“You’d start to see more regional designations like Lazio
or Puglia,” he says. “We backed off from that. But it’s difficult,
because as chefs we love titles. They’re a way for us to relate to
customers what to expect.”
Despite SPQR’s debuting tagline of “a traditional take on
Roman food,” Accarrino (who trained in Italy and is of Italian
heritage) knew within 24 hours of taking the helm more than
five years ago that he wasn’t going to cook that way.
“In Modena, they can say, we have a great tradition of creating
end products like balsamic vinegar using ingredients from Emilia-
Romagna, but I’m here in Northern California saying, I’m not sure
what I have. I have to investigate and find inspiration in the raw
ingredients,” he says. “But it’s exciting to play a part in beginning
to define a cuisine that’s heritage-based and filtered through our
regional American food system.”
Nontraditional ingredients, from San Joaquin Valley pluots to
Mexican chilies, work their way into SPQR’s pastas, entrees and
antipasti. Traditional Pugliese burnt flour gets incorporated into a
playfully Italian-American baked pasta with veal “marsala” sugo.
The buds of Napa Valley angelica plants are made into a floral-
tasting caper that’s incorporated into remoulade for a Sacramento-
farmed smoked sturgeon salad served with sturgeon caviar that
Accarrino harvests by hand.
“It’s food that’s unique to me and my experience. And through
these dishes, I’m also creating that very Italian experience of
having something you couldn’t have in any other region in the
world,” he says.
At Spiaggia—which recently overhauled its dining room to a
tasting menu-only format—Flamm brings in product from Italy
that can’t be rivaled here, such as salumi and certain specialty
cheeses. But he also leans heavily on uniquely Midwestern
ingredients. A recent dish of vegan corn risotto pepperoncini
with roasted corn and tomatoes got its telltale creaminess from
starchy corn puree instead of typical butter or Parmesan.
“It’s cool to take something as classic as risotto and meld it
with what we have here,” he says. “In Italy they don’t eat corn that
way—they either grind it into polenta or feed it to cattle. But for us,
summertime in the Midwest means corn. And that’s what Italians
would do—use what’s available to them made in their style.”
What? No entree-sized pasta?
Where Italian-American cuisine tends to exert itself the most,
chefs say, is on consumer expectations. When creating Spiaggia’s
tasting menu, Flamm struggled with the pasta portion size, as it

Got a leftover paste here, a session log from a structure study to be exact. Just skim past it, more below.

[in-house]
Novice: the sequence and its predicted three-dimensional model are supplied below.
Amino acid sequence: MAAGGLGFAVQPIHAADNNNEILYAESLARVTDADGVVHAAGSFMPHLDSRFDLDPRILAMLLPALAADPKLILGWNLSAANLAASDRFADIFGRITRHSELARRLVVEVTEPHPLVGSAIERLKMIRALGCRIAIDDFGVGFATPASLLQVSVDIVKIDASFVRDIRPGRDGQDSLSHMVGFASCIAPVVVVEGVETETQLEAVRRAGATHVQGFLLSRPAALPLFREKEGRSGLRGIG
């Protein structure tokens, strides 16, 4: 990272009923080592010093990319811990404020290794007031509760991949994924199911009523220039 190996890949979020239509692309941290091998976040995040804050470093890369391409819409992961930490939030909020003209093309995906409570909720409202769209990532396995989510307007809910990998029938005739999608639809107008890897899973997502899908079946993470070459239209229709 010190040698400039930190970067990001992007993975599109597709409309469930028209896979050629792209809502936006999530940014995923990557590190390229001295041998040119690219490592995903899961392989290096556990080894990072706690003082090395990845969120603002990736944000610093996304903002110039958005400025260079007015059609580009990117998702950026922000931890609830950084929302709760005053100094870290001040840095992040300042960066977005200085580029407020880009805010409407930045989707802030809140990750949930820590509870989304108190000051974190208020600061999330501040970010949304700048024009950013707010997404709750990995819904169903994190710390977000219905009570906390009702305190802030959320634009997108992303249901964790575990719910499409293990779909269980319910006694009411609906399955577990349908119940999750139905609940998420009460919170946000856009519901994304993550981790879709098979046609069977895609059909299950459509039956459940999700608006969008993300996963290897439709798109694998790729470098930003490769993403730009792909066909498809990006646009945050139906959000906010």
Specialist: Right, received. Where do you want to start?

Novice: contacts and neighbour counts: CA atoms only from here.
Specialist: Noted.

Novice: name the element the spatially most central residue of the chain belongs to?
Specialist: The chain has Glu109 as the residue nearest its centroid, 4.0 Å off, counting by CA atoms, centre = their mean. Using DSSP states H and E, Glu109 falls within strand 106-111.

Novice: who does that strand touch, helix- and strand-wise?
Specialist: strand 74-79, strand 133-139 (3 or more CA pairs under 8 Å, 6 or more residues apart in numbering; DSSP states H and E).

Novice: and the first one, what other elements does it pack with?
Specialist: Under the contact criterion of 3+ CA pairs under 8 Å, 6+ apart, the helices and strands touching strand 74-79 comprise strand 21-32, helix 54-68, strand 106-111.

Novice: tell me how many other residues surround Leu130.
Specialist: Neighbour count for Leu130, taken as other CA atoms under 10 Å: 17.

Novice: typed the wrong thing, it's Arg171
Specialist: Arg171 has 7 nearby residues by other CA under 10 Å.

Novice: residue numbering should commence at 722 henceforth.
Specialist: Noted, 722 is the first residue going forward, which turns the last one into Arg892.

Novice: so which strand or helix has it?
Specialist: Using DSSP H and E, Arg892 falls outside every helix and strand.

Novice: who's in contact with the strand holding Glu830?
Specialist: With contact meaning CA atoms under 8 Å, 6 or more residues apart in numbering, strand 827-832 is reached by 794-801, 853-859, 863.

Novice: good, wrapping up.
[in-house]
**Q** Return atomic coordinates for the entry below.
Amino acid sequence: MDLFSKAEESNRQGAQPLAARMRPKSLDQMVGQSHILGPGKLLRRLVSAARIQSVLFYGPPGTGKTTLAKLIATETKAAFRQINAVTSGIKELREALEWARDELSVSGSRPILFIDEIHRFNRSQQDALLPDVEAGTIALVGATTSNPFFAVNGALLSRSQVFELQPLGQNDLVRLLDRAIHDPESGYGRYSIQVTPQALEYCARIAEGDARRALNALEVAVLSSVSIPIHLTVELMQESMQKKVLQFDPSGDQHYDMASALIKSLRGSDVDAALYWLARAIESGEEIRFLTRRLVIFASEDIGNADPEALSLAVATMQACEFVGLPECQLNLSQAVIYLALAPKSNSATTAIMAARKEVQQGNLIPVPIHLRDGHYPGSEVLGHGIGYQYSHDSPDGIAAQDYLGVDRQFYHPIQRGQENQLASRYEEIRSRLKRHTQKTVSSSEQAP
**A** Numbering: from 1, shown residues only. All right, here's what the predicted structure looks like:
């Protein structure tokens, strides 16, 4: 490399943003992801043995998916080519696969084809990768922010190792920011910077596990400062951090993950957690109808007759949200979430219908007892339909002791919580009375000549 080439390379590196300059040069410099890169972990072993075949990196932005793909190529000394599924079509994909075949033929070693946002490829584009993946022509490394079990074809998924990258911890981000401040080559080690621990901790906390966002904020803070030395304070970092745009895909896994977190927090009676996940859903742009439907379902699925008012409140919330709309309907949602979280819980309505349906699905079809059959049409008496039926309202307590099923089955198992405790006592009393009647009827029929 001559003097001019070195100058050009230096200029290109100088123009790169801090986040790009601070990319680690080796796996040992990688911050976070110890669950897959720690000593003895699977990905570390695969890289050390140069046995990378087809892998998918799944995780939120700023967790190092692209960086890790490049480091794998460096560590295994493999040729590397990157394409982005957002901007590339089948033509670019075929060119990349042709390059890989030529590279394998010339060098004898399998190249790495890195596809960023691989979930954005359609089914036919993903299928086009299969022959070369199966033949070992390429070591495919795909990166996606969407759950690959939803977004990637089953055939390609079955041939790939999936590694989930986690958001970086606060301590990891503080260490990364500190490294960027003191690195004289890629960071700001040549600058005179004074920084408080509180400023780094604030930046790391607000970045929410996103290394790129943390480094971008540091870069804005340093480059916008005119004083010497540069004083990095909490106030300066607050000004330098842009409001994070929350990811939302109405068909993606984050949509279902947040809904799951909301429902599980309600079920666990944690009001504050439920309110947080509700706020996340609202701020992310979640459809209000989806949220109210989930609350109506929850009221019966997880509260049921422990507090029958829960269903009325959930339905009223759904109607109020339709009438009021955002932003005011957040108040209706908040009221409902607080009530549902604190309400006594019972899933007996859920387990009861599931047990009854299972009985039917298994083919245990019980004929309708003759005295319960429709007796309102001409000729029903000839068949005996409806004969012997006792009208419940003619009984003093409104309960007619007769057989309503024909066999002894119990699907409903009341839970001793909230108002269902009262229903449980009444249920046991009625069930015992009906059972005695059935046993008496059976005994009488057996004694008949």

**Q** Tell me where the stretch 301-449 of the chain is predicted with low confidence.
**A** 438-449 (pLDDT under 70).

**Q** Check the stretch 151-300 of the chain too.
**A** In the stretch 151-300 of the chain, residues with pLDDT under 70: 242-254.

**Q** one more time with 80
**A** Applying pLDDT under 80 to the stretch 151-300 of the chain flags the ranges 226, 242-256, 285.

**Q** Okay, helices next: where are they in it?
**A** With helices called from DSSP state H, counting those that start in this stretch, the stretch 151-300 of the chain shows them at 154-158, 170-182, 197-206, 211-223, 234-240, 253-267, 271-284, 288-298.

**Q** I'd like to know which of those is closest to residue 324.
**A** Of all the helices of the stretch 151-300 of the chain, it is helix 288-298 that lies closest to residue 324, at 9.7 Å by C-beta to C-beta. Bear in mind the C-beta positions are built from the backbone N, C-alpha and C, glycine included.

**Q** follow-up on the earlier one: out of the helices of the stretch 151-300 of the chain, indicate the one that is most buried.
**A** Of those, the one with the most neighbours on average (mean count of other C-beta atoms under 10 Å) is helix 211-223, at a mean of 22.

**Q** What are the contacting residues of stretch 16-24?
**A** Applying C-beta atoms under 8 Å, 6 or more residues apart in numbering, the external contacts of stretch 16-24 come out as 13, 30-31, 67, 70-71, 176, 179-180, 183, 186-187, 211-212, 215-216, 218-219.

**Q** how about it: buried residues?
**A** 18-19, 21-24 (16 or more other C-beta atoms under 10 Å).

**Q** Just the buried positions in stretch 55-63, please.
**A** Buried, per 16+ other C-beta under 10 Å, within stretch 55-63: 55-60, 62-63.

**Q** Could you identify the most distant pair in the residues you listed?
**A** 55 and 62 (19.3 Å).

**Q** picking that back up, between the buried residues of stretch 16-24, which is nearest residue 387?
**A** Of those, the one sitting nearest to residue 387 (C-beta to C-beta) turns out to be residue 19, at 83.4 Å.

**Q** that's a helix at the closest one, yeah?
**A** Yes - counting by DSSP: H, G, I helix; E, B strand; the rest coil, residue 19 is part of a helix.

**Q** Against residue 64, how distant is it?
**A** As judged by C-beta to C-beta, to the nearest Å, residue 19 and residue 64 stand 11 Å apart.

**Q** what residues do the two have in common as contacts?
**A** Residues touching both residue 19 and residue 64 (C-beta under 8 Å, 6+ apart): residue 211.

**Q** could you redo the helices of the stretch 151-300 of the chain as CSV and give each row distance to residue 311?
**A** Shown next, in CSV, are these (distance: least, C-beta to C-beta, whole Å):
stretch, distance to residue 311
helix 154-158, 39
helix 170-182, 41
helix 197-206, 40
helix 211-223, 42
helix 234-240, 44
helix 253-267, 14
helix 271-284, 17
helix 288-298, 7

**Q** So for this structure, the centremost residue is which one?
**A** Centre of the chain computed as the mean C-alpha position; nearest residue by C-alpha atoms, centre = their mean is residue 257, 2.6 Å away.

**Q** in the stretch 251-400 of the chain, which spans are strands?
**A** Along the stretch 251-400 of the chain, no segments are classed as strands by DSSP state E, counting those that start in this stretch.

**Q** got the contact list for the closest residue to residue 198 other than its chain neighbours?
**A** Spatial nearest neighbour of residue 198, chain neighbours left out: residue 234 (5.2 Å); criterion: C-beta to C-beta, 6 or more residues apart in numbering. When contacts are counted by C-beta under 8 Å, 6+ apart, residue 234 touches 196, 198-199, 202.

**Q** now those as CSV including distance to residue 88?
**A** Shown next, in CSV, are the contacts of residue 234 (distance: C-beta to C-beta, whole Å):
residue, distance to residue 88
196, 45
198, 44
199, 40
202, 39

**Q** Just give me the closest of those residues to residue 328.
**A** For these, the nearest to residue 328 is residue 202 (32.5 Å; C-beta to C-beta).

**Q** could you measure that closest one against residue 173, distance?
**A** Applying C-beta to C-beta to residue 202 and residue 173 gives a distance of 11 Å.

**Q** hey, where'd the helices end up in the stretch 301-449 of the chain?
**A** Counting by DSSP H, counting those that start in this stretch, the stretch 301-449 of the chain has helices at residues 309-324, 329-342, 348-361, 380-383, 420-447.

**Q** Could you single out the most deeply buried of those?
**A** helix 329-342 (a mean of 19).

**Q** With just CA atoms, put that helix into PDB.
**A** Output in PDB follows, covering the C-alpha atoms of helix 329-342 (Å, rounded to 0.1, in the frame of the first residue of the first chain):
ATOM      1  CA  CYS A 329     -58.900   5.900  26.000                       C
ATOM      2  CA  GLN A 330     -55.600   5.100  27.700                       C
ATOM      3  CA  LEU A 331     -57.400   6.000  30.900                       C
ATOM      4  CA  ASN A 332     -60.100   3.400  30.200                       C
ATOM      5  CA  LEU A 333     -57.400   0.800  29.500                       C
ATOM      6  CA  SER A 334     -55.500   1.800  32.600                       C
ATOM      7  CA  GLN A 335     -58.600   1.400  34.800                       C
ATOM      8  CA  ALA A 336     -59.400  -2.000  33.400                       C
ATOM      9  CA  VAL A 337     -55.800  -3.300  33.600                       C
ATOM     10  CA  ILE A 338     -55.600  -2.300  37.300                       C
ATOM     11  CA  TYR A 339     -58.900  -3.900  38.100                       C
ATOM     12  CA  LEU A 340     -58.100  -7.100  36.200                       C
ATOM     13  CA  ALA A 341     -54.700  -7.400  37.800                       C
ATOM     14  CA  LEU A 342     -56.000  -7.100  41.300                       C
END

precedes the fish and meat courses as in a typical Italian meal.
“People want to see a bowl of pasta,” he says. “So how do
we make it small enough to where they’ll still eat the rest of the
menu but substantial enough so they’ll say, OK, they gave me
some pasta. We had to cook through it a few times.”
Jason Brzozowy, executive chef of Sicilian and coastal Italian
Agrodolce in Seattle, struggled for weeks to get customers on board
with “primi”-sized pasta, but ultimately caved to guest feedback
calling for entree portions.
“First we tried offering a small and large pasta,” Brzozowy
says. “But it was hard to get the wording right. We didn’t want
to call the small a tasting portion, and when we called the large
a sharing portion, some people said it wasn’t big enough to
share. So little by little, we kept increasing portions, and now
we just offer one pasta size.”
Pushing the envelope
Chefs creating original interpretations of Italian cuisine
also face pushback. Agrodolce has made several concessions at
the expense of representing what chef/owner Maria Hines had
in mind when she was sampling food in the streets of Sicily.
“We find a lot of dishes we’re excited about tend to not be
the big sellers, so we have to choose our battles,” Brzozowy says.
Neither bucatini con sarde (pasta with sardines and breadcrumbs)
nor panelle (savory fried chickpea cakes) have really caught on,
despite several attempts and changes in description. The most
popular dishes remain spaghetti with clams and Calabrian chilies
and variations on pasta marinara.
When James Beard award-winning chef Marc Vetri opened
his flagship restaurant Vetri in Philadelphia in 1998, he based the
menu on Italy’s Lombardy region, where he trained. But the
menu since evolved to incorporate influences from other regions
and countries reflecting the current state of Italian cuisine, and in
2005, transitioned to a tasting menu-only format.
Since 1998, the Vetri group has added five more Italian-inspired restaurants—a namesake pizzeria, a trattoria (Amis),
a Northern Italian (Osteria), a wood-grilled Italian (Lo Spiedo)
and a gastropub (Alla Spina). This expansion is largely why
the Vetri reconcepting has succeeded, says Brad Spence, chef/
partner at Amis and former Vetri chef.
“If it had remained just Vetri, the tasting menu would have been
difficult for people to deal with,” Spence says. “Having those other
restaurants was the driving force that allowed Marc to take Vetri
one step further and make it what we really envisioned it to be, without alienating customers who still wanted their plate of pasta.”
Flamm finds it easier to sell diners on Spiaggia’s tasting
menu because the clientele tend to be more traveled, seasoned and
experimental. “If we show them something new or innovative,
they’ve usually already tried it or seen it somewhere else,” he says.
The bigger challenge is in the more casual sister eatery, Cafe
Spiaggia, which serves authentic Italian al la carte pastas such
as orecchiette with braised rabbit, walnuts and carrot top pesto,
and gemelli with summer beans, preserved lemon, prosciutto di
Parma and pecorino Romano.
ethnic cuisine the real deal